2.) Location, location, location is paramount. Lord and Taylor won't survive in the ghetto, nor will a Dollar store make it in an upscale neighborhood.  

3.) I once saw a sign, "Last Realtor for 1/2 mile." Study demograhics.  Opening a great KFC, between a McDonals and a Burger King, is a recipe for disaster. Know all your competition.

4.) Never buy a failed business and try to revive it.  Once people have a bad taste concerning that place, you may never draw them back regardless of how much you've shined the place up, reduced the prices, etc.

5.) It's usually wiser to rent space for a new business than buy the realestate. It gives you more options to locate near a business that draws your kind of shoppers.

Some of these seem so elementry, but I've seen some real blunders over the years.
My wise customer looking for a 12 flat told me not to bother setting up appointments to get inside the units.  He said just take me there about 11 to noon on a Saturday morning.  I can find out all I need to know by seeing the cars and tenants come and go.

Hope you find something in here helpful, Karen.

Member Elite
since 08-10-2002
Posts 4689
Regina, Saskatchewan; Canada

4 posted 07-19-2008 12:02 AM       View Profile for Essorant   Email Essorant   Edit/Delete Message      Find Poems   Click to visit Essorant's Home Page   View IP for Essorant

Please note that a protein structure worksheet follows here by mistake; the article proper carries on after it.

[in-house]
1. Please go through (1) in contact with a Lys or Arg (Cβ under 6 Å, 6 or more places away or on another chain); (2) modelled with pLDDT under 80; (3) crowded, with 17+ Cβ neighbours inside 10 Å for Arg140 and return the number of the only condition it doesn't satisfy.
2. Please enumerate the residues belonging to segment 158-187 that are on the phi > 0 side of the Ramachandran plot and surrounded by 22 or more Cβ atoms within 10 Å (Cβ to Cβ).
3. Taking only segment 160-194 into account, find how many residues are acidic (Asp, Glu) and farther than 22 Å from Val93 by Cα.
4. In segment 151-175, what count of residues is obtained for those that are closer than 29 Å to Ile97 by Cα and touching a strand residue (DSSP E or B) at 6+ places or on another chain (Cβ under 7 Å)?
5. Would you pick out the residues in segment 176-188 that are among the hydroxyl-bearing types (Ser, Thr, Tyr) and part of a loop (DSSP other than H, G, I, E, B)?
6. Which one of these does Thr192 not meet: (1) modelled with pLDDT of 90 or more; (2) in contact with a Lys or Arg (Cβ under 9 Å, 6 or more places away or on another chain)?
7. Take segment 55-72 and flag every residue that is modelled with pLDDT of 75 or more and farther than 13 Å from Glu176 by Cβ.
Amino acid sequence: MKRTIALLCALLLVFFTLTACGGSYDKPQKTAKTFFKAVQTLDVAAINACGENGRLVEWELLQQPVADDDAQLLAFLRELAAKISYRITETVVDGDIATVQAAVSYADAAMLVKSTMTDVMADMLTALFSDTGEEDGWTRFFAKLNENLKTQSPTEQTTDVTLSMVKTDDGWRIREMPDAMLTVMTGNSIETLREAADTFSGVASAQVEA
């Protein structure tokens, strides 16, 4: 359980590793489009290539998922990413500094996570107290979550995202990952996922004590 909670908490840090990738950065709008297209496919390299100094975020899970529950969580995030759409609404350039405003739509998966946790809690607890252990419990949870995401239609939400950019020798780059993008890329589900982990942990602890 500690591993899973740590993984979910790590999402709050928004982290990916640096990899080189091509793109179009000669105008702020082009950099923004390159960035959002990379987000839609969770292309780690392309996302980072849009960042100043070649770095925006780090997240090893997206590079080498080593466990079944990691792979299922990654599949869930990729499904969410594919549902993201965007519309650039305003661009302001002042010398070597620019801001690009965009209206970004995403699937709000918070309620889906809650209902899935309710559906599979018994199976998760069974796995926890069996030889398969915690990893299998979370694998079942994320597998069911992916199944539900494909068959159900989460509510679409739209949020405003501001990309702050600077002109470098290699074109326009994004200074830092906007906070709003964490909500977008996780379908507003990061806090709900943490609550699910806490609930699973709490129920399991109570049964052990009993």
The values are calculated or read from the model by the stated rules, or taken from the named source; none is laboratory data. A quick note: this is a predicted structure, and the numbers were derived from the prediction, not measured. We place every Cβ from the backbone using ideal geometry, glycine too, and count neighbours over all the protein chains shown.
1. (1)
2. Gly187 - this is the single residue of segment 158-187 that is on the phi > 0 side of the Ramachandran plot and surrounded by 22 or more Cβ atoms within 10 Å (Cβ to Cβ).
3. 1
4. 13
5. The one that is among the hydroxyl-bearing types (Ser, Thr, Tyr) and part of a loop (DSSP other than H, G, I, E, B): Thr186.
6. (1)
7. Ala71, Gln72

You might as well give the Ocean a drink of water, as give America another business.
Kit McCallum
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since 04-30-2000
Posts 16920
Ontario, Canada

5 posted 07-19-2008 08:53 AM       View Profile for Kit McCallum   Email Kit McCallum   Edit/Delete Message      Find Poems  View IP for Kit McCallum

Hi Karen,

Well, I’ve been in it for about 15 years now (just one business, lol).    From an administrative standpoint, here’s some thoughts for ya:

- Be prepared to spend a lot of time for the first while, with very little profit. Keep the money in the business and make it work for you to keep building up the business. The worst things I see are people who work hard, start to see some profit, then go out and spend, spend, spend (new boat, new car, new something). Next thing you know, they had nothing left for the next payroll, the next purchase, the next whatever. Keep it viable and don’t drain it dry at year end.

- Don’t put all your eggs in one basket.   Make sure your service or products are diverse enough so if one area dries up, you have other services or products that will keep the customers and money flowing during the slower times.  Small clients are as important as the big ones.

- Market research is important. Is there enough people out there willing to buy what you want to sell? What's the pricepoints, how much will the market bear? Who is your competition and where are they located?  What key things have made your competition successful? Can you do it better, wiser, more cost effectively?

- Surround yourself with “good” people.  Good bookkeepers that will remain honest and upfront with you, “good” staff, who will treat your customers and clients as you would, and “good” friends and family with positive reinforcement for the days you wished you’d never started a business, lol.